Robots are making serious inroads into industrial and service applications to assist with warehousing, distribution, processing, agriculture and operations.
In physical security, robots often augment or supplement guard services, or serve concierge tasks at a building entrance to administer COVID protocols or direct visitors. In construction, they assess a job site for safety, and in tasks that are simply too dangerous for humans, robots are often the first man in.
Robots come in many form factors—from disc-like room cleaners to robotic arms, rolling autonomous guards and canine-like replicas. Ongoing refinements in computer vision and imaging, motion control, motors and artificial intelligence continue to expand their use-cases. But what about the evolution of legged robots?
In the DARPA Robotics Challenge Finals, held in 2015, falls and spills were not uncommon during the competition. Boston Dynamics also released a video of its Atlas robot failing and falling—as a funny spoof and bloopers segment.
Testing the safety of legged robots
According to Science Daily and a study by The Ohio State University (OSU), robots may not be ready to walk in tandem with people and need more testing before real-world use. They are easily tripped and tipped over, creating unsafe work environments or potential dangers for personnel or workspaces. The study concludes that when it comes to the evolution of mobile robots, it may be a long time before legged robots are able to safely interact with and work alongside humans.
The study represents the first data-driven, scenario-based testing framework of its kind for legged robots—and could help direct the development of a safety benchmark applied to these robotic devices.
The team of OSU researchers published the study in the IEEE/RSJ International Conference on Intelligent Robots and Systems 2022 (released in January 2023). The study tested the safety of legged robots that rely on mechanical limbs for movement instead of wheeled components. It found that many current legged robotic models don’t always act predictably in response to real-life situations, meaning it’s hard to predict whether they’ll fail—or succeed—at any given task that requires movement.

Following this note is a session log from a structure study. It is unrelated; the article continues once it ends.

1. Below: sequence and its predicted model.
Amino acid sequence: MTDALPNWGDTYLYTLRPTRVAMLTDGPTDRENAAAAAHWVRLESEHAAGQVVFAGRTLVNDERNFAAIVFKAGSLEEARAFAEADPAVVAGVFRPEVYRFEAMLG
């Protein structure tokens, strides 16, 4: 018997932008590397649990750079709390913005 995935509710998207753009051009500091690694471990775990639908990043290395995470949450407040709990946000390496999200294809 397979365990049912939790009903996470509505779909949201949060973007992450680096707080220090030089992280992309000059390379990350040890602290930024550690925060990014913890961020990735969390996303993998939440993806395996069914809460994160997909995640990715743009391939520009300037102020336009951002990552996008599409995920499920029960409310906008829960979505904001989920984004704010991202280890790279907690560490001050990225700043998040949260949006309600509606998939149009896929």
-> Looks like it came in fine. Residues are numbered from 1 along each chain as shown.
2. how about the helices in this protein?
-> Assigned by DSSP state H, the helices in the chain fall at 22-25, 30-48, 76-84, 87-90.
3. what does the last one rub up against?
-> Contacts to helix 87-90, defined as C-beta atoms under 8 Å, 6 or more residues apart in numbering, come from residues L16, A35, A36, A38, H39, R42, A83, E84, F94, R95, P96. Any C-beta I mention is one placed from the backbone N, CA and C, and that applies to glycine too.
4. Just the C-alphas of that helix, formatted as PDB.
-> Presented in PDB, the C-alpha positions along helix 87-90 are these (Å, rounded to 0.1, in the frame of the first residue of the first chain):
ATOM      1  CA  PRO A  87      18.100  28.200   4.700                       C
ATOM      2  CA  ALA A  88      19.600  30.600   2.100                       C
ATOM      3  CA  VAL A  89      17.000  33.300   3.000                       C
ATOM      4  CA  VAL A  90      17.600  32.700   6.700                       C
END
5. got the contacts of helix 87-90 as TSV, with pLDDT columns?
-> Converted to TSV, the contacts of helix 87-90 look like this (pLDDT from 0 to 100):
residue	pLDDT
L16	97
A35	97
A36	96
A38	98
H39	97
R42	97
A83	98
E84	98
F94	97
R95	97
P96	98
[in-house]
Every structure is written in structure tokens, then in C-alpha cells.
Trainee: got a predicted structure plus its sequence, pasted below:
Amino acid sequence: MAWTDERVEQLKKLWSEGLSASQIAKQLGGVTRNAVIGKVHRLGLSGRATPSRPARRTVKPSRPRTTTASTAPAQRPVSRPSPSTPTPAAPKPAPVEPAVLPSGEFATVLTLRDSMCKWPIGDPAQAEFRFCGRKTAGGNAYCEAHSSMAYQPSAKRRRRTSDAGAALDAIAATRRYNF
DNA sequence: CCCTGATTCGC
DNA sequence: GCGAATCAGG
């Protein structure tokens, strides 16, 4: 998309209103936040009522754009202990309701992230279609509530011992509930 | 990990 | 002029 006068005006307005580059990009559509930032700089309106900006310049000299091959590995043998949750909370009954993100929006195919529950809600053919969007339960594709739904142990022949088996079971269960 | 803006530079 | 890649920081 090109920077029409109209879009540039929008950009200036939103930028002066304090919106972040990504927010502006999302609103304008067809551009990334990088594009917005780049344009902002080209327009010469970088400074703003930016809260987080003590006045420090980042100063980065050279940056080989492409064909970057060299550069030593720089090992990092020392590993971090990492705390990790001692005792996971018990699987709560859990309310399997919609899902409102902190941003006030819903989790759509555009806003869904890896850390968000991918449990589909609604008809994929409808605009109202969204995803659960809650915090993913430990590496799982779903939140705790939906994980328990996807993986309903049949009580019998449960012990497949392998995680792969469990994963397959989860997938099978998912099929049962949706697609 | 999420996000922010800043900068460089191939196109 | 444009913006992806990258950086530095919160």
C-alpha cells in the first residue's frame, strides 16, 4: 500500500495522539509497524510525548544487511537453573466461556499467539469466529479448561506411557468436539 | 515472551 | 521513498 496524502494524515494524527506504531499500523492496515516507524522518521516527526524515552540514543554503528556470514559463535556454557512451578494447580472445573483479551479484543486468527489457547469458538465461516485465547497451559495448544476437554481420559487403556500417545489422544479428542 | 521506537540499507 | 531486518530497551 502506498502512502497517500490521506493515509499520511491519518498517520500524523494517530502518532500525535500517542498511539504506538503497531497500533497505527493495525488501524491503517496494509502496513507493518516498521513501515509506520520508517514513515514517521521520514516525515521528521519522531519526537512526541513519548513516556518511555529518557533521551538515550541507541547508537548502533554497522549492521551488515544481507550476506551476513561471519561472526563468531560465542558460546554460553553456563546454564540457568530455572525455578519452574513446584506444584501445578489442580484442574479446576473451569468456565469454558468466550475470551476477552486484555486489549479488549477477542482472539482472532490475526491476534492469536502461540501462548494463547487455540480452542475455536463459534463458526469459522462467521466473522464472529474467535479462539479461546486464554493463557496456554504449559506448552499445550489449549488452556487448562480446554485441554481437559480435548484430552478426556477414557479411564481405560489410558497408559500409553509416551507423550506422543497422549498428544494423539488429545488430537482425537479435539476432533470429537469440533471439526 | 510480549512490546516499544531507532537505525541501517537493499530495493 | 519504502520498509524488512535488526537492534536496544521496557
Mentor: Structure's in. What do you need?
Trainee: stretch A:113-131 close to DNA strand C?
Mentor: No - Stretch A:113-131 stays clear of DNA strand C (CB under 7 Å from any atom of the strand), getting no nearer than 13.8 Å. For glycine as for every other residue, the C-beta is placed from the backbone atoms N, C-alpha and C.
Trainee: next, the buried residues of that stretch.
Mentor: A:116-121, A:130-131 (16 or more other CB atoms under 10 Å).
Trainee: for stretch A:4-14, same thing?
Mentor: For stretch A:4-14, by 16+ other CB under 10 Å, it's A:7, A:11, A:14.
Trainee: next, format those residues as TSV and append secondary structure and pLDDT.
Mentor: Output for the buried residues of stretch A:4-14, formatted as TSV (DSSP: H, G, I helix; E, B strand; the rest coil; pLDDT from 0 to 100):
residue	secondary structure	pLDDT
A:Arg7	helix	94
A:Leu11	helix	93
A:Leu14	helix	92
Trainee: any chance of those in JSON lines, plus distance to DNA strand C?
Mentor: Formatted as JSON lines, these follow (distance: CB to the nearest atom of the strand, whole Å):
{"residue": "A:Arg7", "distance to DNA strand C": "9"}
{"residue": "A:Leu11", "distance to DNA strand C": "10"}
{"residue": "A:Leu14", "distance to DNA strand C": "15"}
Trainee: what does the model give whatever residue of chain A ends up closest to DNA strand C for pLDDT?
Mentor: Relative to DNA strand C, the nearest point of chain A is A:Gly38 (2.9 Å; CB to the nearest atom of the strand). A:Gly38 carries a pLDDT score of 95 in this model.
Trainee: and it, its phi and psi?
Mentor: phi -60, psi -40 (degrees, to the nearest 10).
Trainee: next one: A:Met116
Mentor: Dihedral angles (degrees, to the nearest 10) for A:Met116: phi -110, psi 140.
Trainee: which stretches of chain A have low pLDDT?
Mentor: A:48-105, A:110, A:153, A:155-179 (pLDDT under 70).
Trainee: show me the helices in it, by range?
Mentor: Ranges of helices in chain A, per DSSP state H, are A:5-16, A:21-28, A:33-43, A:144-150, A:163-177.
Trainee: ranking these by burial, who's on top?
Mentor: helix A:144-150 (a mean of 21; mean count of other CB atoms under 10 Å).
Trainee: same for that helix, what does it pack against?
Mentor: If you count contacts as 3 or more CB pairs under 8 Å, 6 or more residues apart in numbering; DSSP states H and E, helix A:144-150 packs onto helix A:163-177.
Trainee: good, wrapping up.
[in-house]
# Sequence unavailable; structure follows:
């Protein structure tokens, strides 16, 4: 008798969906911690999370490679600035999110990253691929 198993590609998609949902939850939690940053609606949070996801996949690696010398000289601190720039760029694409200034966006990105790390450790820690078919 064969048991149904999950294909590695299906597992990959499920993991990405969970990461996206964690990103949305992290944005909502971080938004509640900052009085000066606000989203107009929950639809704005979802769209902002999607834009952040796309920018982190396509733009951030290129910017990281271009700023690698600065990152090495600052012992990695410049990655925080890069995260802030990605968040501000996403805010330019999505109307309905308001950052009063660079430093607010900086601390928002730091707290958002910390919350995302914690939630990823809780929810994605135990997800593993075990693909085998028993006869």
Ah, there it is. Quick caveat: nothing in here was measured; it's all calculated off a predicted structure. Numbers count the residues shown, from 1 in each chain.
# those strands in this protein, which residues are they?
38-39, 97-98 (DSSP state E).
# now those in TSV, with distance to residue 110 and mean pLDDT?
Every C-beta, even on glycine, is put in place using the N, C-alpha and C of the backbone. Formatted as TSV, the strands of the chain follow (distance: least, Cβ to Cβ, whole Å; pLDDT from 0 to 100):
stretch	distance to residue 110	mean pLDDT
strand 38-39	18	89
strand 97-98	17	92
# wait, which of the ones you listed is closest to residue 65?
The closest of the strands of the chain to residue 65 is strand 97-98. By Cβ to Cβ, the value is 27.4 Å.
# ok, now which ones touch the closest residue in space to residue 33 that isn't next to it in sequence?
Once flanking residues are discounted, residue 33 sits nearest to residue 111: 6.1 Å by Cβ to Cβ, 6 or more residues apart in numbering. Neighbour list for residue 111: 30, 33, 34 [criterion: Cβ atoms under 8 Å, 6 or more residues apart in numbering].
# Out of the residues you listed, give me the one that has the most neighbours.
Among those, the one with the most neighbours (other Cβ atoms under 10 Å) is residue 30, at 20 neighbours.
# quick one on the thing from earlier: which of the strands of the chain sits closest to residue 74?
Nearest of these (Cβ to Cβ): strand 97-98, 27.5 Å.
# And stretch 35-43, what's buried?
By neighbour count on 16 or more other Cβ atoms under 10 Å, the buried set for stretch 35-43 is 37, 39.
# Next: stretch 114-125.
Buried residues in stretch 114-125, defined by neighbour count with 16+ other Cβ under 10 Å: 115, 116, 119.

“Our work reveals that these robotic systems are complex and, more importantly, anti-intuitive,” said Bowen Weng, a PhD student in electrical and computer engineering at OSU. “It means you can’t rely on the robot’s ability to know how to react in certain situations, so the completeness of the testing becomes even more important.”
One part of the research focused on a robot’s ability to move while performing tasks at different gaits, such as walking backward or stepping in place. Researchers tested the sure-footedness of legged robots, checking to see if they would fall if pushed in a way that altered their direction.
The study showed that while one robot failed to stay upright for three out of 10 trials when asked to slightly speed up its gait, another could remain upright for over 100 trials when pushed from its left side, but it fell over during five out of 10 trials when the same force was applied to its right side.
When robots fall or act unpredictably, they could present safety hazards during interactions with humans. The framework the research establishes is designed to help certify the commercial deployment of legged robots and establish a safety benchmark for robots created with different structures and properties.